Bryn Mawr Classical Review

Bryn Mawr Classical Review 2002.05.19

Stanley E. Hoffer, The Anxieties of Pliny the Younger.   New York:  Oxford University Press, 1999.  Pp. 250.  ISBN 0-7885-0565-3.  $29.95.  

Reviewed by Roy Gibson, University of Manchester (
Word count: 1964 words

The Anxieties of Pliny the Younger1 is a detailed study of fourteen of the 24 letters of Book One: letters 1, 3-5, 8-10, 12-14, 18, 21, 23-4. It does not pretend to be a general introduction to Pliny, and few concessions are made to those not familiar with the author, his historical and social context, and his letters and Panegyric. There is substantial crossover with Matthias Ludolph's recent monograph, the main body of which is devoted to a very detailed study of the first eight letters of Pliny's opening book.2 However, Ludolph's monograph (reviewed by Ilaria Marchesi in BMCR 01.03.28) was published in 1997, presumably too late for Hoffer to take it into account. Although Hoffer himself never categorises it as such, his book is in effect a running commentary, devoting most of its chapters to the study of single letters (supplemented by an introduction and conclusion, and an appendix on "Marriage and child-rearing among the Roman elite"). Like all species of commentary, Hoffer's work defies effective summary and demands close and repeated reading. Unlike Sherwin-White's more conventional commentary,3 however, the gaze of the work is firmly on the text in and for itself, rather than on the text as evidence for a broader historical and social context. Hoffer's approach is to ask not what do Pliny's letters tell us about the 'historical record', but what does the 'historical record' reveal about Pliny's letters -- what does he include, what does he exclude, what does he conceal etc. But the book's usefulness is not restricted to an enriched understanding of fourteen letters of Book One. The letters studied are representative of Pliny's collection as a whole; discussions within individual chapters are wide-ranging (including frequent percipient observations on Pliny's use of significant literary parallels and of Greek, and on his fondness for punning on an addressee's name) and a wealth of related letters from all nine books receive attention. Furthermore, as I shall show below, Hoffer has evolved a sceptical approach to Pliny which can be applied to the whole corpus. As in most types of large-scale commentary, detailed consideration of a wide range of issues relevant to understanding the text in hand is rarely sacrificed to the desire to reach a single (possibly reductive) conclusion about the text. Nevertheless, the whole collection is held together by several themes which receive repeated and sustained attention, notably that of (elite) anxiety and regret.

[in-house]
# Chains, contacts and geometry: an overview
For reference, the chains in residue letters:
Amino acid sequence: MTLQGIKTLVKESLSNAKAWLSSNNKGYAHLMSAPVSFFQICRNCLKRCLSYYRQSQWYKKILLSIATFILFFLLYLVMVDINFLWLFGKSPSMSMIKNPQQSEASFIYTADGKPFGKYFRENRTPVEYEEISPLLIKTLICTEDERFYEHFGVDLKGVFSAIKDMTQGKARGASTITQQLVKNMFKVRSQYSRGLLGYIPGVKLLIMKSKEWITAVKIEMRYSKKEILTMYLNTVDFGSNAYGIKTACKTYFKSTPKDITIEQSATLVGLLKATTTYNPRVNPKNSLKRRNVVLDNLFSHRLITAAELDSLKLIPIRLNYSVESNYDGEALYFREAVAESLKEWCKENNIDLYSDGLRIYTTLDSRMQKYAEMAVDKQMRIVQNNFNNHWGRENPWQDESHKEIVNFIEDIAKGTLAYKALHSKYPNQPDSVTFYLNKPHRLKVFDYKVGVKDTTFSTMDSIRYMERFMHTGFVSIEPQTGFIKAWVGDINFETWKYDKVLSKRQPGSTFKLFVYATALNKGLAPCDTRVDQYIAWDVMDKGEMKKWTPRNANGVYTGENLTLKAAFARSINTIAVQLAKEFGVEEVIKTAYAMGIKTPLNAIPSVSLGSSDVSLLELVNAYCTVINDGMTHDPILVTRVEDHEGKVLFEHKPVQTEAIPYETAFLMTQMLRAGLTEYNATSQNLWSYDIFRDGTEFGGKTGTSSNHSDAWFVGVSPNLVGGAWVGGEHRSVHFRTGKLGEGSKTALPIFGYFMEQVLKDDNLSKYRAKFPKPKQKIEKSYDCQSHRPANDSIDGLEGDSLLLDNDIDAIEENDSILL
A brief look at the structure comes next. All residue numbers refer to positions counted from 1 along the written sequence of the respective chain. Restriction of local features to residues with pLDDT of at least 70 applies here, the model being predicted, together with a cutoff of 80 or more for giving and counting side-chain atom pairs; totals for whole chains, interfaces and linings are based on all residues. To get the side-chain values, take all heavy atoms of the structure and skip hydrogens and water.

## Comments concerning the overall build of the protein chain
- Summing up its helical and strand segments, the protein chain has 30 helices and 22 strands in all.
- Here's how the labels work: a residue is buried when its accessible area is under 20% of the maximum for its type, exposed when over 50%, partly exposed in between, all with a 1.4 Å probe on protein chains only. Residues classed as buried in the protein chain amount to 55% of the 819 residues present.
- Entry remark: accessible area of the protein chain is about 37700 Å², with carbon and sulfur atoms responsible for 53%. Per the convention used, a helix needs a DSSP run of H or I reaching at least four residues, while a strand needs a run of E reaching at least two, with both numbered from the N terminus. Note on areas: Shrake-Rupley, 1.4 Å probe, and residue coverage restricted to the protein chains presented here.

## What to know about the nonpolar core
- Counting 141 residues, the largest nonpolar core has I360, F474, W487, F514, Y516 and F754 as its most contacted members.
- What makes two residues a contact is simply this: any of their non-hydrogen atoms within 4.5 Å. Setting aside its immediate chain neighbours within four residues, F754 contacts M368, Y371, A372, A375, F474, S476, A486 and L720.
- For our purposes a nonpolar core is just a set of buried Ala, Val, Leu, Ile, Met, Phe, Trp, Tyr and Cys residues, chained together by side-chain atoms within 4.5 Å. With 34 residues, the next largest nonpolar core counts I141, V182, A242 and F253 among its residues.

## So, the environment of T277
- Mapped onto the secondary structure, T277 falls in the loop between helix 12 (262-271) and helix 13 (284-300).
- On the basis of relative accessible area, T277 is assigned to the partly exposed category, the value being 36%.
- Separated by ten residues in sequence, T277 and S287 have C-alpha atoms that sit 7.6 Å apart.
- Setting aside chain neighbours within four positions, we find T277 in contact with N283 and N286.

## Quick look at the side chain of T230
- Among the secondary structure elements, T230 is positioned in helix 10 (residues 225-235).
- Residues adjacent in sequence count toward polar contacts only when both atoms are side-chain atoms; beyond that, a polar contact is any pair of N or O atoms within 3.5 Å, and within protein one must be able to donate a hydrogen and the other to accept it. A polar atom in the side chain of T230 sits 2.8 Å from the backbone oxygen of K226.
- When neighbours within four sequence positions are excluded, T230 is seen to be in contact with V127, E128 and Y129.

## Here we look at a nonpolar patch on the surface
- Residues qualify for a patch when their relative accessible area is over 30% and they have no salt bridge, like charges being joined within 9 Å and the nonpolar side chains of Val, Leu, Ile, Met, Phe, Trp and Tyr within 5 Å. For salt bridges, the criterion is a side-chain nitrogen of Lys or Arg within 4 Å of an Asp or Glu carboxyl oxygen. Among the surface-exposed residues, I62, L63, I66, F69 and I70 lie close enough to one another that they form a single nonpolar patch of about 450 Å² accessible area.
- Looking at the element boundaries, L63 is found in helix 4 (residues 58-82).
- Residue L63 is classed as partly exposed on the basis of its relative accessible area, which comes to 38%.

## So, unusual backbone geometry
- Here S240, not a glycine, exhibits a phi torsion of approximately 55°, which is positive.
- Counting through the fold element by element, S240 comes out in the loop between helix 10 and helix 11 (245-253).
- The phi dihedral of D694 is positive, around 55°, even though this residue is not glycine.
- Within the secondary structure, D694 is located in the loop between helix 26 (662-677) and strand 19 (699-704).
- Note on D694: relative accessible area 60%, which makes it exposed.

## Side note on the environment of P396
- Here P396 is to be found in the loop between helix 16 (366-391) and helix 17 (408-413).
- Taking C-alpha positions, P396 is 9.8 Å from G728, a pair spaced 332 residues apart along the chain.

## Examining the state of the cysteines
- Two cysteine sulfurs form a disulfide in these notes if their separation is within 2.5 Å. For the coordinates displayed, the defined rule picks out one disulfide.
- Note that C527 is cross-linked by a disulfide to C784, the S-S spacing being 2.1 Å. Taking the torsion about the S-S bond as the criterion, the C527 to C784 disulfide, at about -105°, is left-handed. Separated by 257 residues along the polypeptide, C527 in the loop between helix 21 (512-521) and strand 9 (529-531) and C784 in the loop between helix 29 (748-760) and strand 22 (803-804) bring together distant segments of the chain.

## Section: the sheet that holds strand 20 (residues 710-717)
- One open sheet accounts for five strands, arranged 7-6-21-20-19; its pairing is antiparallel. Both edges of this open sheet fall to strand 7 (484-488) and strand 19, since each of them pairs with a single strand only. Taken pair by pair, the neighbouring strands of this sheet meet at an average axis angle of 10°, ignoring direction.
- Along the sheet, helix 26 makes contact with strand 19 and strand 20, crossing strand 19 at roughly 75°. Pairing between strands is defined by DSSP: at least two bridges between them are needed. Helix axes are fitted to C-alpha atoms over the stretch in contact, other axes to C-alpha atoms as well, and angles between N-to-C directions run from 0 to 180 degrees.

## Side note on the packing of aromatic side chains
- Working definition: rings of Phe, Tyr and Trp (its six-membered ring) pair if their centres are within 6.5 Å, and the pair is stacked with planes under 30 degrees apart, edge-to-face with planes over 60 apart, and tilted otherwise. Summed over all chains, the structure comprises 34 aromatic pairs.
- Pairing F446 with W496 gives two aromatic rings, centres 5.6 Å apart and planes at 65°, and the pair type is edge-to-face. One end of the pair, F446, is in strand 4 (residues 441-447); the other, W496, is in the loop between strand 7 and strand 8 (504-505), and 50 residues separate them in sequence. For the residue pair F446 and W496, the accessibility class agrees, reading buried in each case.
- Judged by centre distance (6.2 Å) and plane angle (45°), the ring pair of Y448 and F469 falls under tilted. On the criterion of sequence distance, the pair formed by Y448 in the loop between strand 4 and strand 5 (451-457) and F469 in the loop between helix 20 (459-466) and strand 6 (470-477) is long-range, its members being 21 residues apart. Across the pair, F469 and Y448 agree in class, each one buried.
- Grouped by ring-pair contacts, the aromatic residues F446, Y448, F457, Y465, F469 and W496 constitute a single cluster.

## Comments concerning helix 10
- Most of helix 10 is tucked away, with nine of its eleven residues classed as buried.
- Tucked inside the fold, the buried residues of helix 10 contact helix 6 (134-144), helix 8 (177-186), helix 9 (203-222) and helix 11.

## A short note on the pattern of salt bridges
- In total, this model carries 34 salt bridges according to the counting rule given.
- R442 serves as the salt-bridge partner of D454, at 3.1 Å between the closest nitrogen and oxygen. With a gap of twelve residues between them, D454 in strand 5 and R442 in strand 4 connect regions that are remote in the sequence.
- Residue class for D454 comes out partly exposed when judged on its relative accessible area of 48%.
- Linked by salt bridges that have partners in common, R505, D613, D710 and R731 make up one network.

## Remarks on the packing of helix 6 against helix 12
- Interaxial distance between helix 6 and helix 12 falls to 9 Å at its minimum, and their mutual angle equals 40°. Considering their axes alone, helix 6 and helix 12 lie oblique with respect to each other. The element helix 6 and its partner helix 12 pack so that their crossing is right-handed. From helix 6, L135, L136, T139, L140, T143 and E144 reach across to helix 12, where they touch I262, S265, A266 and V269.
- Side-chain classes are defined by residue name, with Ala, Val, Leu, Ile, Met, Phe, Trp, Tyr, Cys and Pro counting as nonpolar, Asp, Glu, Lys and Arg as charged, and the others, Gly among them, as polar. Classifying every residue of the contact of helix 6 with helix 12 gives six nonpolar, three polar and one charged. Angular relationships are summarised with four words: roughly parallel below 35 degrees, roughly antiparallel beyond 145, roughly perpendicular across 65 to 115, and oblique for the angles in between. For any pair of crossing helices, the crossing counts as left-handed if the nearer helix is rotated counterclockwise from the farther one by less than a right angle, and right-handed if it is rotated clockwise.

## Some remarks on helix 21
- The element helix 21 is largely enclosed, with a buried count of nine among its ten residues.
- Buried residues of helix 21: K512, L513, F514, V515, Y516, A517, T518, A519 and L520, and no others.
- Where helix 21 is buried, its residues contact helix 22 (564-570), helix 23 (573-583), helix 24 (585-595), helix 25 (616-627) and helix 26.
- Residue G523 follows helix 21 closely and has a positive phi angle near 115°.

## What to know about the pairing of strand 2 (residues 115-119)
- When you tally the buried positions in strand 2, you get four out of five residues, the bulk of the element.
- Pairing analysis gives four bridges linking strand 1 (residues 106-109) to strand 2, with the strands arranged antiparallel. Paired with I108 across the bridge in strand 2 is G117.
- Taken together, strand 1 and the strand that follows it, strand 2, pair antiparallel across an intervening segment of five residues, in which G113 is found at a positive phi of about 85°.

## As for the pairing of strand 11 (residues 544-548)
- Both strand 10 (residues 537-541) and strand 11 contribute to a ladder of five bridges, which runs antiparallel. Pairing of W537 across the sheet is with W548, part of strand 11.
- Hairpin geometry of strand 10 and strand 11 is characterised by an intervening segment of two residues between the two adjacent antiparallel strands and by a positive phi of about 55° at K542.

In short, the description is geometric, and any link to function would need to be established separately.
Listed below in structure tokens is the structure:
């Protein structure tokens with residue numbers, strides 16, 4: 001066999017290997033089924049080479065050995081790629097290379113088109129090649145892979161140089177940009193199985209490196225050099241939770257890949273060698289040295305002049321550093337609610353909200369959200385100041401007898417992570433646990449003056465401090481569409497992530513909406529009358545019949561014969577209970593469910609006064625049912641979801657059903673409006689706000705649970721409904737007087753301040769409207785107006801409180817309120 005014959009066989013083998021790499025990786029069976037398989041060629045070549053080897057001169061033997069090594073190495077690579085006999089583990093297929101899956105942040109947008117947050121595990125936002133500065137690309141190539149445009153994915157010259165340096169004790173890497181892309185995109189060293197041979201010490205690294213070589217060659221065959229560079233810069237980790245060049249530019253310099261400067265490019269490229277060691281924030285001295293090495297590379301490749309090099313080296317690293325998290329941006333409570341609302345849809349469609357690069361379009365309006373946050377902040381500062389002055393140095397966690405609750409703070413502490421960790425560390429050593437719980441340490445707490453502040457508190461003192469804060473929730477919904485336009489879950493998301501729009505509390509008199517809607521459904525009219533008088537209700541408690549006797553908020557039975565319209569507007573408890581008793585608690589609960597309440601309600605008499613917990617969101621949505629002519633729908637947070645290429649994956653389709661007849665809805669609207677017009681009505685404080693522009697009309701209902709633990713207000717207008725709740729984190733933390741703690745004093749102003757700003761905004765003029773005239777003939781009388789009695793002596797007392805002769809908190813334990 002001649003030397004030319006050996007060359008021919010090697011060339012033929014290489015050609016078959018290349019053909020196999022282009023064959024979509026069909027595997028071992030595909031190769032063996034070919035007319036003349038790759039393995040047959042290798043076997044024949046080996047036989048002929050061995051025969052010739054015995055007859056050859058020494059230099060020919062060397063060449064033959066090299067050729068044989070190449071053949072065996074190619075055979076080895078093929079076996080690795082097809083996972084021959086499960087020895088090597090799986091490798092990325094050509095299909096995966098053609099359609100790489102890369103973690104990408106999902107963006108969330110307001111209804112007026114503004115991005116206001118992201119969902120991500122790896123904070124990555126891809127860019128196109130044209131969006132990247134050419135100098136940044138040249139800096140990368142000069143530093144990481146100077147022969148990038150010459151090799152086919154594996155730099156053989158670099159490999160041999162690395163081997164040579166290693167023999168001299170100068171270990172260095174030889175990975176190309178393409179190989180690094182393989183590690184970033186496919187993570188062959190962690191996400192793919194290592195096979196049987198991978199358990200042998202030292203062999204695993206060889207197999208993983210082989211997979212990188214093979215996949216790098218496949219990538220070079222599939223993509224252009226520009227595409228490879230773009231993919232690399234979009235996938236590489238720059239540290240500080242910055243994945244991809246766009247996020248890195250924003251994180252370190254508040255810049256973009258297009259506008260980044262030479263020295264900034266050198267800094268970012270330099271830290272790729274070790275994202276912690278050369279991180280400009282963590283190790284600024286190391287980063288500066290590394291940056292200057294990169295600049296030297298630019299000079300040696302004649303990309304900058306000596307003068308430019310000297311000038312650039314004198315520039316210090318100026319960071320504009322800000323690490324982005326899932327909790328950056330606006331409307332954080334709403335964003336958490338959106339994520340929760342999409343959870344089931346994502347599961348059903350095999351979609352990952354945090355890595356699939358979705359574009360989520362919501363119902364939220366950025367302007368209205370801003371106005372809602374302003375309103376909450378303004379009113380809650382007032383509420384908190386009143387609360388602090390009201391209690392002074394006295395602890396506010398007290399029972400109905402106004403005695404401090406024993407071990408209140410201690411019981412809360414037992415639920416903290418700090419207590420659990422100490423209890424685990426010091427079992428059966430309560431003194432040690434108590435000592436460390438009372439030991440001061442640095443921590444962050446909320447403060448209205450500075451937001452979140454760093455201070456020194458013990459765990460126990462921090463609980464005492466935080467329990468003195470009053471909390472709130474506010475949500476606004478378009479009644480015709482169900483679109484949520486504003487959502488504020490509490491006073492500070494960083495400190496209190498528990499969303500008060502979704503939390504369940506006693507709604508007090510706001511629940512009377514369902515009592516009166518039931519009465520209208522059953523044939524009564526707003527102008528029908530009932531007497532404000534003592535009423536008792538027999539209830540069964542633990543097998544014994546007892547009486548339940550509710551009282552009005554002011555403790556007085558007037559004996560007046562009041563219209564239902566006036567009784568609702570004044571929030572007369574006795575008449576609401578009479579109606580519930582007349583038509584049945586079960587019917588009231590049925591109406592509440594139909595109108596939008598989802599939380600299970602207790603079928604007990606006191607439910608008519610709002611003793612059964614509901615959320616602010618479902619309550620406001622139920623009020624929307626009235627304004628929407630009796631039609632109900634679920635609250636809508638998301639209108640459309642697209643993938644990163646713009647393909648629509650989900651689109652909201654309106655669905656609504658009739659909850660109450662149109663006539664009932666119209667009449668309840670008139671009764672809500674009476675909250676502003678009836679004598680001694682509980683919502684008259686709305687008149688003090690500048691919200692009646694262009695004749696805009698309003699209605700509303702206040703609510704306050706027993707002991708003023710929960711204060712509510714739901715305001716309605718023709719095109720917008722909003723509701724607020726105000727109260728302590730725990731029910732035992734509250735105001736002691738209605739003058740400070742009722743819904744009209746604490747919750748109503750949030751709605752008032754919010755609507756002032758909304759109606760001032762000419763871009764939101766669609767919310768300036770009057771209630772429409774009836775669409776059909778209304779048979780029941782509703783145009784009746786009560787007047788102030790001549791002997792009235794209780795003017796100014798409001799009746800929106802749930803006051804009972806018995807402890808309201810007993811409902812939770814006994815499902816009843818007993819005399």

The choice of 'anxiety' as the central theme for the study of Pliny may seem an odd one. Few authors project such a confident and untroubled persona as Pliny. Hoffer explains his choice as follows: "The leading trait in Pliny's epistolary self-portrait is his confidence: confidence in himself and his friends, in their writings and activities, in the Roman government, and in the emperor ... This very absence of anxiety invites us to look at the opposite side of the picture, at Pliny's anxieties, to help us understand his aims in putting together and publishing the letters" (p. 1). At first sight, Hoffer appears to have fallen into the trap of using the hoariest of academic clichés to structure his book. Already in the 1970s, such an approach could seem stale. In a recent number of the TLS, Katharine Eisaman Maus reports a conversation over a quarter of a century ago with an undergraduate who comfortably combined (time-consuming) success on the stock markets with excellent grades as an English major.4 He described the secret of his academic success as follows: "First I wonder 'what's the main thing in this book?' and then I wonder 'what's its opposite?' When I write my paper, I claim that these two things, though they seem different, couldn't exist without the other, even though they are really two aspects of the same thing ... Near the end of your paper, you have to say that your two things, whatever they are, are 'locked in an unstable but mutually constitutive relationship.' Profs. just love that." This much-loved academic archetype of paired opposites has shaped the development of many a tedious book. But Hoffer's book works very, very well: few have thought to probe the "tensions, gaps or contradictions" which may indicate that "Pliny is hiding troubling aspects of his life" (p. 1), preferring instead to take Pliny's confidence at face value as yet another instance of his personal want of profundity. (Welcome also is the absence from Hoffer's work of the claim that confidence and anxiety are 'locked in an unstable but mutually constitutive relationship'.) Nevertheless, the value of the attention given the subject of anxiety ultimately lies in the depth and rigour of the readings which such a theme helps to unlock, rather than in any summative argument about Pliny's anxiety and regret.